This is the true moral of all human history, which is to be accomplished in the world of the regeneration, if not here. All sorrow is fraught with the promise and the hope of future blessedness, and to know that is to rob sorrow of its pain. It is impossible to reap the full gain of it when the burden presses, but, as far as it can be done, sorrow is mitigated. Had Job been able to look forward with confidence to his actual deliverance, he would have been able to bear his affliction; it was because he could not that all was dark. And after all there are sorrows and afflictions for which there is no deliverance like Job’s; there is a captivity which can never be turned in this life, and for this the only hope is the sure hope of the Gospel, and the promise which in its degree is afforded by the history of Job: for if Job’s is a representative history, as we are bound to believe it must be, then the lesson of it must be that what is not explained or mended here will be explained and mended hereafter. It is God alone who can enlighten the darkness which surrounds His counsels; but at the same time we must remember that with Him is the well of life, and in His light we shall see light.
(11) Every man also gave him a piece of money.—The Hebrew word is kesîtâh, which is found also in the narrative of Jacob’s purchase of the field of the children of Hamor (Genesis 33:19). Some have supposed, from a comparison of this passage with Genesis 23:16, which relates the corresponding transaction between Abraham and the sons of Heth, that the value of the kesîtâh was four shekels, but this is, of course, not certain from these narratives. Tradition says that the kesîtâh was a coin with the figure of & lamb stamped upon it.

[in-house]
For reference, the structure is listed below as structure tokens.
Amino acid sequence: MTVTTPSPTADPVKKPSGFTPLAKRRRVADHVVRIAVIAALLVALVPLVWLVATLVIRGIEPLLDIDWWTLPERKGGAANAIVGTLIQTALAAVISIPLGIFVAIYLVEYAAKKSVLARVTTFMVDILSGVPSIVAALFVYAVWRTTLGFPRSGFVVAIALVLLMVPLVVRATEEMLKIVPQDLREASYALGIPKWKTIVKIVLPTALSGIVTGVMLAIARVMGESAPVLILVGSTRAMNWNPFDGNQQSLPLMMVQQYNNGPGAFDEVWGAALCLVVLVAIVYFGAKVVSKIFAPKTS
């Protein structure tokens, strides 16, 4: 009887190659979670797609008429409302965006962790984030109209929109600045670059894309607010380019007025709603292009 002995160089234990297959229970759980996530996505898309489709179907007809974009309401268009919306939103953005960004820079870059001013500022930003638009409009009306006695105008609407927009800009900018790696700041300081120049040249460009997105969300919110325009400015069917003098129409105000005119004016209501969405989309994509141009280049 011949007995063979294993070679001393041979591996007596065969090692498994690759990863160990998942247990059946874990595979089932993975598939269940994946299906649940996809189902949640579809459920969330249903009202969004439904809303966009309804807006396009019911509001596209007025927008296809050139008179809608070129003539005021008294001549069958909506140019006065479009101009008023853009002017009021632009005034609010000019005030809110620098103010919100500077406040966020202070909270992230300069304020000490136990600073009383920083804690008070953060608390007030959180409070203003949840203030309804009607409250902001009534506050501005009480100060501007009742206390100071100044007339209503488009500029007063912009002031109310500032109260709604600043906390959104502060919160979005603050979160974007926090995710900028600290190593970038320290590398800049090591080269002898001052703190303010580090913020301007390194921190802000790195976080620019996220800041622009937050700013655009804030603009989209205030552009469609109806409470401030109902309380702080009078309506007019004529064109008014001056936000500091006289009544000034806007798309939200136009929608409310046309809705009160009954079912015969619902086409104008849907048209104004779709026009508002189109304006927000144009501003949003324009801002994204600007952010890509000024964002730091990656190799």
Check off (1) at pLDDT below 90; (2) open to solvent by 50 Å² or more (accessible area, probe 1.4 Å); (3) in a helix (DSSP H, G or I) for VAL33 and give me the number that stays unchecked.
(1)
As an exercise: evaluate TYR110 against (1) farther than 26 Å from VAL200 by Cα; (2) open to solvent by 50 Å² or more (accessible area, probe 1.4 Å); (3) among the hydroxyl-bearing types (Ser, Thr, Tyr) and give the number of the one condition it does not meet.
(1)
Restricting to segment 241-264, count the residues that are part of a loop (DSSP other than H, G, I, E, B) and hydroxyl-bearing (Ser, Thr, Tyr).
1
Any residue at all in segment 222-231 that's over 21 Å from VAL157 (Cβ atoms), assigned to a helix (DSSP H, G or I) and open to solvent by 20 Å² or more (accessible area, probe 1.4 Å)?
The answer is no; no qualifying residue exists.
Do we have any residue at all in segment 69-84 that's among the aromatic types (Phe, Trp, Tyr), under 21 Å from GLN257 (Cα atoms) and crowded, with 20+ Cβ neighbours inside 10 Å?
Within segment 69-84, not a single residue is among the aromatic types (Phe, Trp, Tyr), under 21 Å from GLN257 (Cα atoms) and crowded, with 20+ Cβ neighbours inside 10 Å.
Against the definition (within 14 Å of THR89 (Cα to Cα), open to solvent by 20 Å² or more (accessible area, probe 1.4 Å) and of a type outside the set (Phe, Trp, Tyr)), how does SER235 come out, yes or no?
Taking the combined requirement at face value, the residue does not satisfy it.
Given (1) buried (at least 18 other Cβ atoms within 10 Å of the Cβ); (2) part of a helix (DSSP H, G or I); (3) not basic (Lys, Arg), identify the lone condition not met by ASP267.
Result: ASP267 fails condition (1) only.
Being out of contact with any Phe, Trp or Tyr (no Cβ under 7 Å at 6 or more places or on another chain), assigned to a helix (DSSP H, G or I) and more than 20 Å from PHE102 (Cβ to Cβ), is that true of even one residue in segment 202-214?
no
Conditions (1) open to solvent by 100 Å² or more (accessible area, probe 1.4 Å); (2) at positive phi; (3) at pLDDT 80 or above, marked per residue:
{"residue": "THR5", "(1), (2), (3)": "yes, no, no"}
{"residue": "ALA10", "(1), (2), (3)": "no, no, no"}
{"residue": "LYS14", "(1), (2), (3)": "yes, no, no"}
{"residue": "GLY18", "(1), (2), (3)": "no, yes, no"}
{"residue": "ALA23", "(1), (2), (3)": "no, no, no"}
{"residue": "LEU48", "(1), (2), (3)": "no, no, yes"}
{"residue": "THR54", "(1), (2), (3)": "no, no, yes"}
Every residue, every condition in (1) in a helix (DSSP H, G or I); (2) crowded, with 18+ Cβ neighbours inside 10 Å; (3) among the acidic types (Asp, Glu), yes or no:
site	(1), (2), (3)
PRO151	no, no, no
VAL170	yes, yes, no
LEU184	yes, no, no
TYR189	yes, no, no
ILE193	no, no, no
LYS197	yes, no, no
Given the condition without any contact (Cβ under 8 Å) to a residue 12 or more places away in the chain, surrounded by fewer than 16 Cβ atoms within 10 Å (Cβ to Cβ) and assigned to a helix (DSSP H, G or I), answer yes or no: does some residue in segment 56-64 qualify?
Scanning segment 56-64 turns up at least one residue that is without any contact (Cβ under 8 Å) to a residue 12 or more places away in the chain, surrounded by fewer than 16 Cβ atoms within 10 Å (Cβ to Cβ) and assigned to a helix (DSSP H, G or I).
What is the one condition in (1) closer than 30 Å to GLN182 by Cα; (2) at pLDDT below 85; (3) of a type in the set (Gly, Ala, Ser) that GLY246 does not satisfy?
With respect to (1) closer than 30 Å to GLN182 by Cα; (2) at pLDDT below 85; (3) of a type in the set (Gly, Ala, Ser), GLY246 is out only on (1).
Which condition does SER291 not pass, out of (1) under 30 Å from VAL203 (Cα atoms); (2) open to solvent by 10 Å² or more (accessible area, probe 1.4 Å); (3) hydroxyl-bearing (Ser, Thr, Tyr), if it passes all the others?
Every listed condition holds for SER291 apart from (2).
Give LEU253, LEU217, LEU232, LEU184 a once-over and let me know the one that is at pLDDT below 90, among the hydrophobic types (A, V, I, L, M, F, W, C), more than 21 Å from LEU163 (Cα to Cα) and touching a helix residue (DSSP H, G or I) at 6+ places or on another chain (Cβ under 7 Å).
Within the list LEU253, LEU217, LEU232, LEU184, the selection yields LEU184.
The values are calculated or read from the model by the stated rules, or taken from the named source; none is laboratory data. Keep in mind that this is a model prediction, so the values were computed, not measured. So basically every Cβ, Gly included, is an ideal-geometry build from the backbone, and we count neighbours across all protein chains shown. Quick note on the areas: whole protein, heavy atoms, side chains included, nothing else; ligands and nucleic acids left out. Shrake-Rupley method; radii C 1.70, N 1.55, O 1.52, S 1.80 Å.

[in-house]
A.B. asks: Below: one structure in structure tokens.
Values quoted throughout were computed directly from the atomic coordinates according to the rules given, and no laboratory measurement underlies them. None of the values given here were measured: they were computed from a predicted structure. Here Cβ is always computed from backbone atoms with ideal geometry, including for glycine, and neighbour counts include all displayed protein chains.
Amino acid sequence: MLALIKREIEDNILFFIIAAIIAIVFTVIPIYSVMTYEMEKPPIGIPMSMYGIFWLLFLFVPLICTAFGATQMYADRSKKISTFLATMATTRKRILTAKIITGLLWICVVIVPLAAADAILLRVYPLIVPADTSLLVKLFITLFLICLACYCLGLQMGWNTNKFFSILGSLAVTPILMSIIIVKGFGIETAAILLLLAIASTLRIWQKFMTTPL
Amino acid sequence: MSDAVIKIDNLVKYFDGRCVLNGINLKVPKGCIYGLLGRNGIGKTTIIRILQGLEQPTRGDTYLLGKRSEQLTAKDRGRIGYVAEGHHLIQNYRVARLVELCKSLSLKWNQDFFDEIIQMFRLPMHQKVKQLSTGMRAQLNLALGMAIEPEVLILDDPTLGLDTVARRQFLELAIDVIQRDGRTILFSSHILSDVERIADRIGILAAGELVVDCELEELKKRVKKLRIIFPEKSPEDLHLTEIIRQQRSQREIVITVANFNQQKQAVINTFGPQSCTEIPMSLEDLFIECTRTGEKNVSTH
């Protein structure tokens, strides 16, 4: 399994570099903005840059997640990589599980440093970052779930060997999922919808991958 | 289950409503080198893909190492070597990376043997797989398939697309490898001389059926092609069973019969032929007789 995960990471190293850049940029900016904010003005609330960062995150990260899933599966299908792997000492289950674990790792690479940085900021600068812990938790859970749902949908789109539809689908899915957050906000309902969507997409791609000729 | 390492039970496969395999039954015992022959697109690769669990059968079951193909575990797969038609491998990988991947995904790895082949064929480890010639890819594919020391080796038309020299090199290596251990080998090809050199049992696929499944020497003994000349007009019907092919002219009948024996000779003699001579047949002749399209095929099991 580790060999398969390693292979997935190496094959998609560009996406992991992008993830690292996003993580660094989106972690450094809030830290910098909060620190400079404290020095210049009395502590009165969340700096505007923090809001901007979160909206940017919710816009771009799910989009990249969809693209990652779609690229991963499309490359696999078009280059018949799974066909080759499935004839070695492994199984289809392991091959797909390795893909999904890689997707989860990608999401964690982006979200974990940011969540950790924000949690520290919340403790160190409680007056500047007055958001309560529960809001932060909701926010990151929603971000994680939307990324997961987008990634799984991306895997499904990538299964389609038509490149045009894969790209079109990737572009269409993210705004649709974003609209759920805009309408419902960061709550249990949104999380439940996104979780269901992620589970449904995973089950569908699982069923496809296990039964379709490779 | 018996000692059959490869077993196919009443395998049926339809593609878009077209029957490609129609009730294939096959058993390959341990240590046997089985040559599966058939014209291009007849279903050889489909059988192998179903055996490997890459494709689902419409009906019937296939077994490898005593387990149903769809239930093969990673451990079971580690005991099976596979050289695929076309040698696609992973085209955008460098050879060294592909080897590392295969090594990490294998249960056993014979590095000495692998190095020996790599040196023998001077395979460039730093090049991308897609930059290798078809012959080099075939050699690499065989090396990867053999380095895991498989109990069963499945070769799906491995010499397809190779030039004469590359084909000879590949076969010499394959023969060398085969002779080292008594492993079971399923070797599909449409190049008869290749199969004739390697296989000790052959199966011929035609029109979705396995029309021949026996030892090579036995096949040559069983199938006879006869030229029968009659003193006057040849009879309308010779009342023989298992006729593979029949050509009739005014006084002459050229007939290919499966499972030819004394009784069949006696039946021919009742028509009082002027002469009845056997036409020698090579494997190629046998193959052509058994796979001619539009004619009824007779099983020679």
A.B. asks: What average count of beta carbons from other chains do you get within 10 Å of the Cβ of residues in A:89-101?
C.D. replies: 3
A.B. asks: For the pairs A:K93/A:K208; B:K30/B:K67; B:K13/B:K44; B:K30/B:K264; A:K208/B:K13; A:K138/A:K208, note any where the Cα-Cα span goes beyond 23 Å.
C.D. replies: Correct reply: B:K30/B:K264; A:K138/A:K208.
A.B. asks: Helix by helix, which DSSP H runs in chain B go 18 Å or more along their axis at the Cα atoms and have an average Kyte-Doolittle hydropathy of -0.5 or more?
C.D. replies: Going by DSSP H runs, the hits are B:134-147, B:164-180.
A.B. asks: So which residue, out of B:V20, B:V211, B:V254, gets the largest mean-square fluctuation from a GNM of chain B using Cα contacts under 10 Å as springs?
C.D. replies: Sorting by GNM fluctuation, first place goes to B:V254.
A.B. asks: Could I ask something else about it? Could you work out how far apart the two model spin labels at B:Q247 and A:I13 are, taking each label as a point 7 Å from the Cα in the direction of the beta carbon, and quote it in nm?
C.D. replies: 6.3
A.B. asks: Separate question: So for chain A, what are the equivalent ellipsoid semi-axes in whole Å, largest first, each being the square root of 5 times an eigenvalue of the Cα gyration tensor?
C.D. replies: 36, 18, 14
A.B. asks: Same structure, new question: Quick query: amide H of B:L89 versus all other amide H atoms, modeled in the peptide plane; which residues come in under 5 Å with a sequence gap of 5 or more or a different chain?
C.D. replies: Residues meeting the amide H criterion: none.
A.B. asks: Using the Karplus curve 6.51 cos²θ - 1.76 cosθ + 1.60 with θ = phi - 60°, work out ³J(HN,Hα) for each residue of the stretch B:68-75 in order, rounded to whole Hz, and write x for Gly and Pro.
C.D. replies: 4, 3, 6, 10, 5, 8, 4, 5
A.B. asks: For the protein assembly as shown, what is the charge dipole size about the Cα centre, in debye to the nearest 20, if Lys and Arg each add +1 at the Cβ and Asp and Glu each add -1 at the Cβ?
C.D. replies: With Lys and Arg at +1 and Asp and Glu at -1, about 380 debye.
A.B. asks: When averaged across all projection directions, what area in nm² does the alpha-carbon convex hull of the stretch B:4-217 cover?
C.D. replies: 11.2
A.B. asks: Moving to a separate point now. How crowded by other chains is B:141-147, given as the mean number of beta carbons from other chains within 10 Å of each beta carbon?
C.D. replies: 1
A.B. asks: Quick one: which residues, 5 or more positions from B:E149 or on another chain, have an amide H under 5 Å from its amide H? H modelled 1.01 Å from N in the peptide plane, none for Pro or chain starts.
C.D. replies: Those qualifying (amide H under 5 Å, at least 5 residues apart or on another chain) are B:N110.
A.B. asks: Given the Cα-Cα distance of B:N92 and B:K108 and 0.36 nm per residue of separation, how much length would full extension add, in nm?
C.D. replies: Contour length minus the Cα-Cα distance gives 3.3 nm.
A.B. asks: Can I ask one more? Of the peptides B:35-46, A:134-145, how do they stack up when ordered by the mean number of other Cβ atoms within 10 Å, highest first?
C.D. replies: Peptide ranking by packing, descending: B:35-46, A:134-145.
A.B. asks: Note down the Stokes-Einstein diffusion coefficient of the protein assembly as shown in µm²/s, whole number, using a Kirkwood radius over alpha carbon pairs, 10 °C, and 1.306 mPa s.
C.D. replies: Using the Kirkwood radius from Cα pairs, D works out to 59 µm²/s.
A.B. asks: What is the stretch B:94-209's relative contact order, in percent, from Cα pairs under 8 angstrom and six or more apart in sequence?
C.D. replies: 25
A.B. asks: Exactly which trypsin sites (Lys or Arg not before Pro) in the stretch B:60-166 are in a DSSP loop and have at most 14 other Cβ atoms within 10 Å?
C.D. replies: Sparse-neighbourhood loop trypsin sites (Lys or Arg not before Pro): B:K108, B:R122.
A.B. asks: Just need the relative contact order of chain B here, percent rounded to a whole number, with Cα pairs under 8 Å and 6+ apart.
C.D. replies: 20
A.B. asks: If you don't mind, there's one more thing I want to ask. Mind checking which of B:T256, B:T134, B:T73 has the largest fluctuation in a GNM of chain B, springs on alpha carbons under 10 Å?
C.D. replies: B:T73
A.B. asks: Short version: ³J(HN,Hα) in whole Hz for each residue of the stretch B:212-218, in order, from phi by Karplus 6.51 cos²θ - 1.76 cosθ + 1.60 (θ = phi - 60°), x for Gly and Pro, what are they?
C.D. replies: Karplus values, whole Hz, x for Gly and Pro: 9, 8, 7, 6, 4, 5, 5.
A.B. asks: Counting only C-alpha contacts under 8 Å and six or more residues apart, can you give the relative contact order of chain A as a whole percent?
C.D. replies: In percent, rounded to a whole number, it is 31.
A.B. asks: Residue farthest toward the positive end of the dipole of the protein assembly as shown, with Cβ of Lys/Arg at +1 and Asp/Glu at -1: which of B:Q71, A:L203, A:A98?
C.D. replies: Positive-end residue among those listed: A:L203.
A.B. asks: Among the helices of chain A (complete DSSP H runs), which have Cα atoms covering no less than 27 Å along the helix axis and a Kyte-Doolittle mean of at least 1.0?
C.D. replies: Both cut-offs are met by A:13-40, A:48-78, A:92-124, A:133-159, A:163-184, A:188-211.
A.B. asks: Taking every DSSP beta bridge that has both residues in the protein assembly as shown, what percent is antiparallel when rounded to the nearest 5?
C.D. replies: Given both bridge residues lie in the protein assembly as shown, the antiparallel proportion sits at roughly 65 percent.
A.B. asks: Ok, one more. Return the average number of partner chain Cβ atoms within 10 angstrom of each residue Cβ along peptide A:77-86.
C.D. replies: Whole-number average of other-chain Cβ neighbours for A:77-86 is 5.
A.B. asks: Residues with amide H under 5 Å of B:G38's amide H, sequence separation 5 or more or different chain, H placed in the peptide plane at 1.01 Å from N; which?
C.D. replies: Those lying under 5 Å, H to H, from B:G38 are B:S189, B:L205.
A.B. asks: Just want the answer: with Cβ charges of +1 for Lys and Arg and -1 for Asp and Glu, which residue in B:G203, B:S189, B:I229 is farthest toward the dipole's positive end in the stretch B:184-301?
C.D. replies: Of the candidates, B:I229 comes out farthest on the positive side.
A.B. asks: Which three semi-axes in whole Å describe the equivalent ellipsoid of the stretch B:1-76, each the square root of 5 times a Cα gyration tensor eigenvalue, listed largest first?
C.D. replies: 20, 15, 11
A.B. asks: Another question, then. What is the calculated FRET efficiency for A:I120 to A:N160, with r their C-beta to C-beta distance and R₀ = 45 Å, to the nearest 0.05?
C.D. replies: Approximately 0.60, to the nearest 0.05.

(12) Fourteen thousand sheep.—The number of Job’s cattle here is exactly the double of those in Job 1:3. That Job’s latter end should be blessed had been the promise of all his friends (Job 5:24, &c., Job 8:7-20, &c., Job 11:16, &c., 22:27, &c.), but then it was hampered with a condition which involved the falsehood of all Job’s previous life, and it was the unjust imputation of this falsehood to Job which was an offence against the truth of God, and Was so regarded by Him. Truth had to be violated in order that God’s justice might stand, which was the greatest possible offence and indignity to the Divine justice.
(14) Jemima.—This name perhaps means as fair as the day.
Kezia—i.e., cassia, an aromatic bark, much prized by the ancients. (See Psalms 45:9.)
Kerenhappuch—i.e., the horn for containing kohl for the eyes. The Eastern women are in the habit of painting the upper part of the eyelids with stibium, so that a black edge is formed about them and they seem larger. (See 2 Kings 9:30; Jeremiah 4:30.) The meaning of this name is the paint-box for this purpose.
(16) An hundred and forty years.—The particularity of this detail forbids us to suppose that the character of Job was other than real; his great age also shows that he must be referred to the very early patriarchal times, probably anterior to Moses.
(17) So Job died, being old and full of days.—Such is the close of this mysterious book, which deals with the greatest problems that can engage the human mind, and shows us the way in which the ancients solved them, and the help which God vouchsafed them, apart from His covenant revelation and before the dawning of the Gospel light. And the great lesson of the history is the way in which the malice of Satan is foiled. He had insinuated that all service of God was interested and done for advantage. Job had clearly shown that he was capable of loving God even under the most severe afflictions; and the issue which was eventually brought about was no contradiction of this fact, inasmuch as it was entirely hidden from Job till long after his probation was ended, and therefore could have no influence upon his patience and faith. It is remarkable that Job is only twice mentioned in Scripture, once in the Old Testament and once in the New. Ezekiel was acquainted with Job’s history (Job 14:14; Job 14:20), and St. James (Job 5:11) refers to him as a familiar standard of patience. It is evident, however, that the Book of Job was well known, from the many instances in the Psalms and elsewhere in which we find traces of the influence produced by familiarity with the language of the book.
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Ellicott, Charles John. "Commentary on Job 42". "Ellicott's Commentary for English Readers". https://studylight.org/
the Week of Proper 15 / Ordinary 20